T H E   N I H    C A T A L Y S T      J U L Y  –  A U G U S T   2003

by Nicole Kresge

Questions about the A-76—competitive outsourcing—process, NIH security, and a one-page addendum to employee performance contracts dominated the hour-long Town Hall meeting convened June 18 by NIH Director Elias Zerhouni.

The volume of e-mail about A-76 received in advance of the meeting reflected a fairly high degree of concern among NIH employees that their jobs were suddenly on the line, and Zerhouni had enlisted William T. Fitzsimmons, director of the NIMH Office of Resource Management and a member of the A-76 Steering Committee, to present an overview of the situation.

A-76 may strike some as a new concept, Fitzsimmons said, but it’s actually been around since the Eisenhower years. The rationale behind it, he said, is that "if it’s in the yellow pages—if it’s something that you can contract out for and it’s not part of your basic mission—then it’s not the business of the government to compete with business." Thus, A-76 requires that for positions that have been classified as commercial-competitive, a bid must be prepared that contractors can compete for against the government.

To comply with the President’s Management Agenda, NIH had to examine its workforce of 18,000 and determine which employees are doing jobs that could be done by a private contractor. It determined that about half of its workforce consists of "commercial employees."

Between 2002 and 2005, NIH will have to open 50 percent of these commercial-competitive positions to competition with the private sector. This year’s competitions are in Facilities Management and Extramural Administrative Support jobs, for which proposals from the private sector are now competing with proposals from the current government staffs. The results should be known by late September, Fitzsimmons said, adding that federal employees have prevailed in most such competitions held so far in other agencies. However, even when employees do win, there may be job losses. NIH will find places for employees who lose their current jobs, he said.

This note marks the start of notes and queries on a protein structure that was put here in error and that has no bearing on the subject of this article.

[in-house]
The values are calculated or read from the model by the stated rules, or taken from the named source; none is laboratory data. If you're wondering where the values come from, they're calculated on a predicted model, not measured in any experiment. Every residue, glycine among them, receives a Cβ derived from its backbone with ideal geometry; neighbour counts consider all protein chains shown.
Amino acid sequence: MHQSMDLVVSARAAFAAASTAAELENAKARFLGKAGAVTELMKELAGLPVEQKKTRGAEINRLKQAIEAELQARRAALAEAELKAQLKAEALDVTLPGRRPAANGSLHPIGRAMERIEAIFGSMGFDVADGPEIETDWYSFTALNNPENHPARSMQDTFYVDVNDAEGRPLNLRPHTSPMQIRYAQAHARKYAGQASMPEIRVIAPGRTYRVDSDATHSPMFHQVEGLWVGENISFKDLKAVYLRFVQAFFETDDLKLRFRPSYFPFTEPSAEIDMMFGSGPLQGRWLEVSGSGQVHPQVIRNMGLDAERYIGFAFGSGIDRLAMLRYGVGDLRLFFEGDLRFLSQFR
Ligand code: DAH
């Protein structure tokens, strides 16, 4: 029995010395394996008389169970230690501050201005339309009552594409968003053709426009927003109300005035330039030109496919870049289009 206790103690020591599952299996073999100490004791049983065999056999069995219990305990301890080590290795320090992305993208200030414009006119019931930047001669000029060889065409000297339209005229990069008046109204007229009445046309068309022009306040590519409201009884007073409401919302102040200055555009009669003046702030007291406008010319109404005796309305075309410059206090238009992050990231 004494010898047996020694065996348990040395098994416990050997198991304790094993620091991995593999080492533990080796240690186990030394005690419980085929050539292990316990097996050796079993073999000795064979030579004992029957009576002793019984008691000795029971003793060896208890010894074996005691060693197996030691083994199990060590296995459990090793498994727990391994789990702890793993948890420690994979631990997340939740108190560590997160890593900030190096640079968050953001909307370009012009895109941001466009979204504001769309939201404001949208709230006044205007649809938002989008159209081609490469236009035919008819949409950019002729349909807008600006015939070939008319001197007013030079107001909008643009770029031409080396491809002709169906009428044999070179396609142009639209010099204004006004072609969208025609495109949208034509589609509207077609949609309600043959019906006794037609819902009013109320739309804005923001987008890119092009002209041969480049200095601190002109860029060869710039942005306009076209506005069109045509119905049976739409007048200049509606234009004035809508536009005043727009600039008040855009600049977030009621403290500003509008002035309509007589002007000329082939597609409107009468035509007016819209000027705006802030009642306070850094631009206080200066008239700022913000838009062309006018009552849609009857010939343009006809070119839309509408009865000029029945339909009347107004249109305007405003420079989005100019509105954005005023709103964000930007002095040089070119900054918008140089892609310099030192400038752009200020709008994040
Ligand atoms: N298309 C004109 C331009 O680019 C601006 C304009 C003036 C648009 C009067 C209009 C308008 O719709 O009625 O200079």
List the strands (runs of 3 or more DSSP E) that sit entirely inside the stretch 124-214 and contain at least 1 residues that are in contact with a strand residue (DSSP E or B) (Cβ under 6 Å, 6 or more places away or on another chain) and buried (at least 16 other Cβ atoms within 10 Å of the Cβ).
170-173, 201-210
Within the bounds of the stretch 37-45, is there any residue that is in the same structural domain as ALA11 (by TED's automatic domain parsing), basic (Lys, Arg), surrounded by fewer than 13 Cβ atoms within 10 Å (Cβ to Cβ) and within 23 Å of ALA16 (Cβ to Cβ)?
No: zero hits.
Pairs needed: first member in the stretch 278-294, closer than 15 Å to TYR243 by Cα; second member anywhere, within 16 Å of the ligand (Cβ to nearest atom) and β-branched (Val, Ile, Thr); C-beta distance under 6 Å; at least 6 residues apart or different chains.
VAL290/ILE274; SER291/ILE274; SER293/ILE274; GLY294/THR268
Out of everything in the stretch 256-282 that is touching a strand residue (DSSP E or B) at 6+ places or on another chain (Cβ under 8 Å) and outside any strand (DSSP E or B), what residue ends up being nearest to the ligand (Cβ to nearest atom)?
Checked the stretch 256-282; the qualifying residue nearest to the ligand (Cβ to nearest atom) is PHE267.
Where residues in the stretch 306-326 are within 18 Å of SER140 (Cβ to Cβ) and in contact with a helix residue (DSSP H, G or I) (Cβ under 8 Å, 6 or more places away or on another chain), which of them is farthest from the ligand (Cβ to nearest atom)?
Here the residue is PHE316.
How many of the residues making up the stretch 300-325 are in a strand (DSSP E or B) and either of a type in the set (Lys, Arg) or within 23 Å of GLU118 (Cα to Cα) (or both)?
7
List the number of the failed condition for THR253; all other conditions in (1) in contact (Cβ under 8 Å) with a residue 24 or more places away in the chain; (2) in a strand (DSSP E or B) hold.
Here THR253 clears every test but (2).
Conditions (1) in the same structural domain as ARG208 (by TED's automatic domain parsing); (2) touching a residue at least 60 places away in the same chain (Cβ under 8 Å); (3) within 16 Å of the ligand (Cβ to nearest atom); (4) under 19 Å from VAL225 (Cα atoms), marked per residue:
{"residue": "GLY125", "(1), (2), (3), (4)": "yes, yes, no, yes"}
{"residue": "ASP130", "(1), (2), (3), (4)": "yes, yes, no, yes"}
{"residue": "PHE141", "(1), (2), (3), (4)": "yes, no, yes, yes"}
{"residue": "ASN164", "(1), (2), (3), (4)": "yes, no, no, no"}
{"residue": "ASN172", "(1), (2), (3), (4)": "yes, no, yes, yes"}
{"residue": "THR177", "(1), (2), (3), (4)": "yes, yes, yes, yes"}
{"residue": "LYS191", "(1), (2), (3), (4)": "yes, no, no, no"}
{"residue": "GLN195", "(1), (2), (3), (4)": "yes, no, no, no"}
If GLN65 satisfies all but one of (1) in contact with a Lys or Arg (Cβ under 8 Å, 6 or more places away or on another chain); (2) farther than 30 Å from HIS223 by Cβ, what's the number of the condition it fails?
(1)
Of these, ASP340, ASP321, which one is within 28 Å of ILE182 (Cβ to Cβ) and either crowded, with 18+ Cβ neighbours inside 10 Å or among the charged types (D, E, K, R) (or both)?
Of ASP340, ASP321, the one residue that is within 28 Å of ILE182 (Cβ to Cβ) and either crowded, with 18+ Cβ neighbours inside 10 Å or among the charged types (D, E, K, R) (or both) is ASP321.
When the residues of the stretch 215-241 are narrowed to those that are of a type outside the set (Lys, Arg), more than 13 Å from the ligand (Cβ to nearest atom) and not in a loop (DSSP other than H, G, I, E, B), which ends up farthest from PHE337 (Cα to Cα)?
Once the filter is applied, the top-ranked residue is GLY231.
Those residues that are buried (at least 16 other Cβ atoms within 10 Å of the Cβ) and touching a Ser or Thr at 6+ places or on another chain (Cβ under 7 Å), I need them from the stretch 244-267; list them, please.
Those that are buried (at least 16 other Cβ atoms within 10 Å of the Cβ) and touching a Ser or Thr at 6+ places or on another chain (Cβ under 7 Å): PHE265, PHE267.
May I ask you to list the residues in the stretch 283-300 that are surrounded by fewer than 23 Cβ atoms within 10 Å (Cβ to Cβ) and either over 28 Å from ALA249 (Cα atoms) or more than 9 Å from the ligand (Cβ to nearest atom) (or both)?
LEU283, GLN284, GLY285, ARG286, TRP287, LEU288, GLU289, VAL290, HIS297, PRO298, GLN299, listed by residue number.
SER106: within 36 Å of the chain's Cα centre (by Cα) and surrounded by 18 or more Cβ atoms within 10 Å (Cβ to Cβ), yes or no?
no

Zerhouni expressed confidence that the NIH workforce—outstanding in his opinion—would come out ahead in the competitions.

Less than sanguine facilities management employees, however, said they felt they were placed at a competitive disadvantage by the federal hiring freeze, which prevents government managers from replacing people who have left, while private competitors are under no such constraints and can bid for a project at full workforce strength. A question on whether veterans’ preference, seniority, or awards would be factors in what might be a scramble to keep current jobs could not readily be answered.

On NIH security, Robert Desimone, NIMH scientific director and chair of the Community Advisory Board on Security, reported that the group had developed the "First Principles of Security": 1) all the government rules and regulations will be followed, (2) protection against weaponized vehicles will be the highest priority, (3) employees will be treated differently from visitors, and (4) the application of security procedures has been changed so they run more smoothly.

The next stage of emergency preparedness is being implemented, he said, including shelter-in-place guidelines, evacuation plans, and a recently purchased NIH emergency broadcast radio system. Operational plans for the "post-fence environment" and the new Visitors’ Center are also in the works.

Several questioners focused on a new one-page addendum to job performance plans that requires that employees commit themselves to achieving specific HHS program and management objectives. What was the intent of this new requirement? How would they be implemented into job descriptions? What would be the consequences of refusing to sign the pledge?

Mike Rosenthal, of Human Resources, noted that, like A-76, this job-performance addendum came out of the President’s Management Agenda. The employee’s signature, he said, would reflect acknowledgment of the goals; supervisors will work with employees to incorporate those objectives applicable to their jobs. As for the consequences of not signing, he said, NIH management would deal with that issue.

These and other issues will continue to be addressed, Zerhouni said at the close of the meeting. One forum for this will be a "Director’s Column" in The NIH Record.

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